But by the time I was 20 years old, I was feeling an expanding ennui; a frustration that I am living a lie and that I am constructing an artifice of a life to meet the needs of everyone one around me.

Since an age I can remember, my visions have been filled with images that (over the course of the years to come) I’ve learnt were not normal. Normal people didn’t see people as torches of color or experience the physical space around them painted with remnant colors of people in the past.

I never knew my parents but my Grandparents just called me ‘creative’ and ‘smart’. But I could always see that they turned a dirty yellow when they said that: Looking at me always seemed to fill them with sadness. Being an only child in the household, they had no alternative grandchildren who were more normal.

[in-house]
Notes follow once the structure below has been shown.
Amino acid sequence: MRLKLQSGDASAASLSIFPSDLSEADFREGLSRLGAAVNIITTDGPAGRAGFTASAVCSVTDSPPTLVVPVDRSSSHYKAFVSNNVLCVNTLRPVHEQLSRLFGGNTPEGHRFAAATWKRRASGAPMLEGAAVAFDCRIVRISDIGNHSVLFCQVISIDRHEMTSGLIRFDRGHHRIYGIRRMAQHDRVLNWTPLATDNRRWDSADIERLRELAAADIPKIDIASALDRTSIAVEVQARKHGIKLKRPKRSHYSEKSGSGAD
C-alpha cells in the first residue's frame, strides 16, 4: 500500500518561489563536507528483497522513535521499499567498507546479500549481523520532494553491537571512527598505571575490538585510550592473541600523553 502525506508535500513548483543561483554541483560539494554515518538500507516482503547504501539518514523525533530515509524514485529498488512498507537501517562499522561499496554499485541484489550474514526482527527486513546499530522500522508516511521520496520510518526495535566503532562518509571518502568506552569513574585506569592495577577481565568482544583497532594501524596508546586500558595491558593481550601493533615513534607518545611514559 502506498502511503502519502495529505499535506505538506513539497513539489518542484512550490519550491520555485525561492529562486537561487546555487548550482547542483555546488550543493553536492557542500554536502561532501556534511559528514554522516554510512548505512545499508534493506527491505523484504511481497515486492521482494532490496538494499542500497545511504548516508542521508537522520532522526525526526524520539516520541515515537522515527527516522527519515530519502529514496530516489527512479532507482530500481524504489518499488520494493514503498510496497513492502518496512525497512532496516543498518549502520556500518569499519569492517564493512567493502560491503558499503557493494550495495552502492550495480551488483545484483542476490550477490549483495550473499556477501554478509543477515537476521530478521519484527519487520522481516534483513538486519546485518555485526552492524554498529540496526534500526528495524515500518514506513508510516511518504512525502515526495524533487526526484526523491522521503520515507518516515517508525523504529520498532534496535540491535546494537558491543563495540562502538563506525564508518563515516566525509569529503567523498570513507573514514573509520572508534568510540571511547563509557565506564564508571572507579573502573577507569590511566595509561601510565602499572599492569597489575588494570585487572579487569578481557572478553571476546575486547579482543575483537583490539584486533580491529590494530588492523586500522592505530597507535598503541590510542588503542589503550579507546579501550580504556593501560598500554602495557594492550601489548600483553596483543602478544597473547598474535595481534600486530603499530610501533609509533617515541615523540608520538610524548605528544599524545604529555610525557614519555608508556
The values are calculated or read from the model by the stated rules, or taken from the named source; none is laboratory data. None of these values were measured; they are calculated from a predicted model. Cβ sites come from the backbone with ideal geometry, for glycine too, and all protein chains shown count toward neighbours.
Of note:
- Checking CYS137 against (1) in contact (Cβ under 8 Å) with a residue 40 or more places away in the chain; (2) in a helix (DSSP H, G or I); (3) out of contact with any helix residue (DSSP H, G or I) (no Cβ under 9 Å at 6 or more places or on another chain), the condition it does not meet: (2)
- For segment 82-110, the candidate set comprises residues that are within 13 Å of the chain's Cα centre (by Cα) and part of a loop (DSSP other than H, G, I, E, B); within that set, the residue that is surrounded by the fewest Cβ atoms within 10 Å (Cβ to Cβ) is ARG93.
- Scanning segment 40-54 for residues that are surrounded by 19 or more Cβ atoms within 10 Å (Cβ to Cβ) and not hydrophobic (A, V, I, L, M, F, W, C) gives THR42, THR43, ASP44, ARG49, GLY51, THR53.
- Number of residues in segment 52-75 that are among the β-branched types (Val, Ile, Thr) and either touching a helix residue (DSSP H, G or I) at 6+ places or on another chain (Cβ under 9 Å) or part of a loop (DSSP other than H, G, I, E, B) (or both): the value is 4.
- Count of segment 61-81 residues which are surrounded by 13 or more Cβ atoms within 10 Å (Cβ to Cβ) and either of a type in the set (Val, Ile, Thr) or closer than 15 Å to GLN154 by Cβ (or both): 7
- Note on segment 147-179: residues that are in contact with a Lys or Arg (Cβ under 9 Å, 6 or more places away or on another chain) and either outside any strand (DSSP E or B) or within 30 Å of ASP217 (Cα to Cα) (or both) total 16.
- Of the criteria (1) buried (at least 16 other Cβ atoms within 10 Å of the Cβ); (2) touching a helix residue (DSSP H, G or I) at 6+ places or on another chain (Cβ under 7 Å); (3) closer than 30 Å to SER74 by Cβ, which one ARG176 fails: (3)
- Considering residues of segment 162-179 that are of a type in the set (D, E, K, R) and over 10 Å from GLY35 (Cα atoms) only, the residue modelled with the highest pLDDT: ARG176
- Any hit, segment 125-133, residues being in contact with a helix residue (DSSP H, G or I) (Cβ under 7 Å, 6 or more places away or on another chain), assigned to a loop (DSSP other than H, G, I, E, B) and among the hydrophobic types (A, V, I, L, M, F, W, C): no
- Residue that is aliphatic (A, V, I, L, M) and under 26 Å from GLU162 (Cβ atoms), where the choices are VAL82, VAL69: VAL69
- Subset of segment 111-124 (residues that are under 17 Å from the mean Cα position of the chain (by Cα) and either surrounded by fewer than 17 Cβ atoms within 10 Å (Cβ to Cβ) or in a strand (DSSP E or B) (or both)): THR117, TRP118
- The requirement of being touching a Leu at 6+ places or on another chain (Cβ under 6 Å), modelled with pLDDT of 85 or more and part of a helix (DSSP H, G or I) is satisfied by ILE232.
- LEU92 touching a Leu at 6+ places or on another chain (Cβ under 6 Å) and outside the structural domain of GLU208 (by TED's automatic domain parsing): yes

I have written countless diaries capturing what I saw since my childhood — I stopped sometime in my teens — and they show a startling picture of my fading enthusiasm and increasing shame at trying to capture the world I saw. There are lengthy, colorful (always colorful) descriptions of things I saw, red, green and yellow always predominated; delicately painted cities I had smudged to perfection for days; a million faces in varying hues, their expressions reflecting what their colors said. Over time it became dry accounts of emotions (rather than colors): Sophie was depressed today, I had written half-a-decade back. I never asked her about it and she disappeared later from my life. I could have asked her about it and maybe even saved her.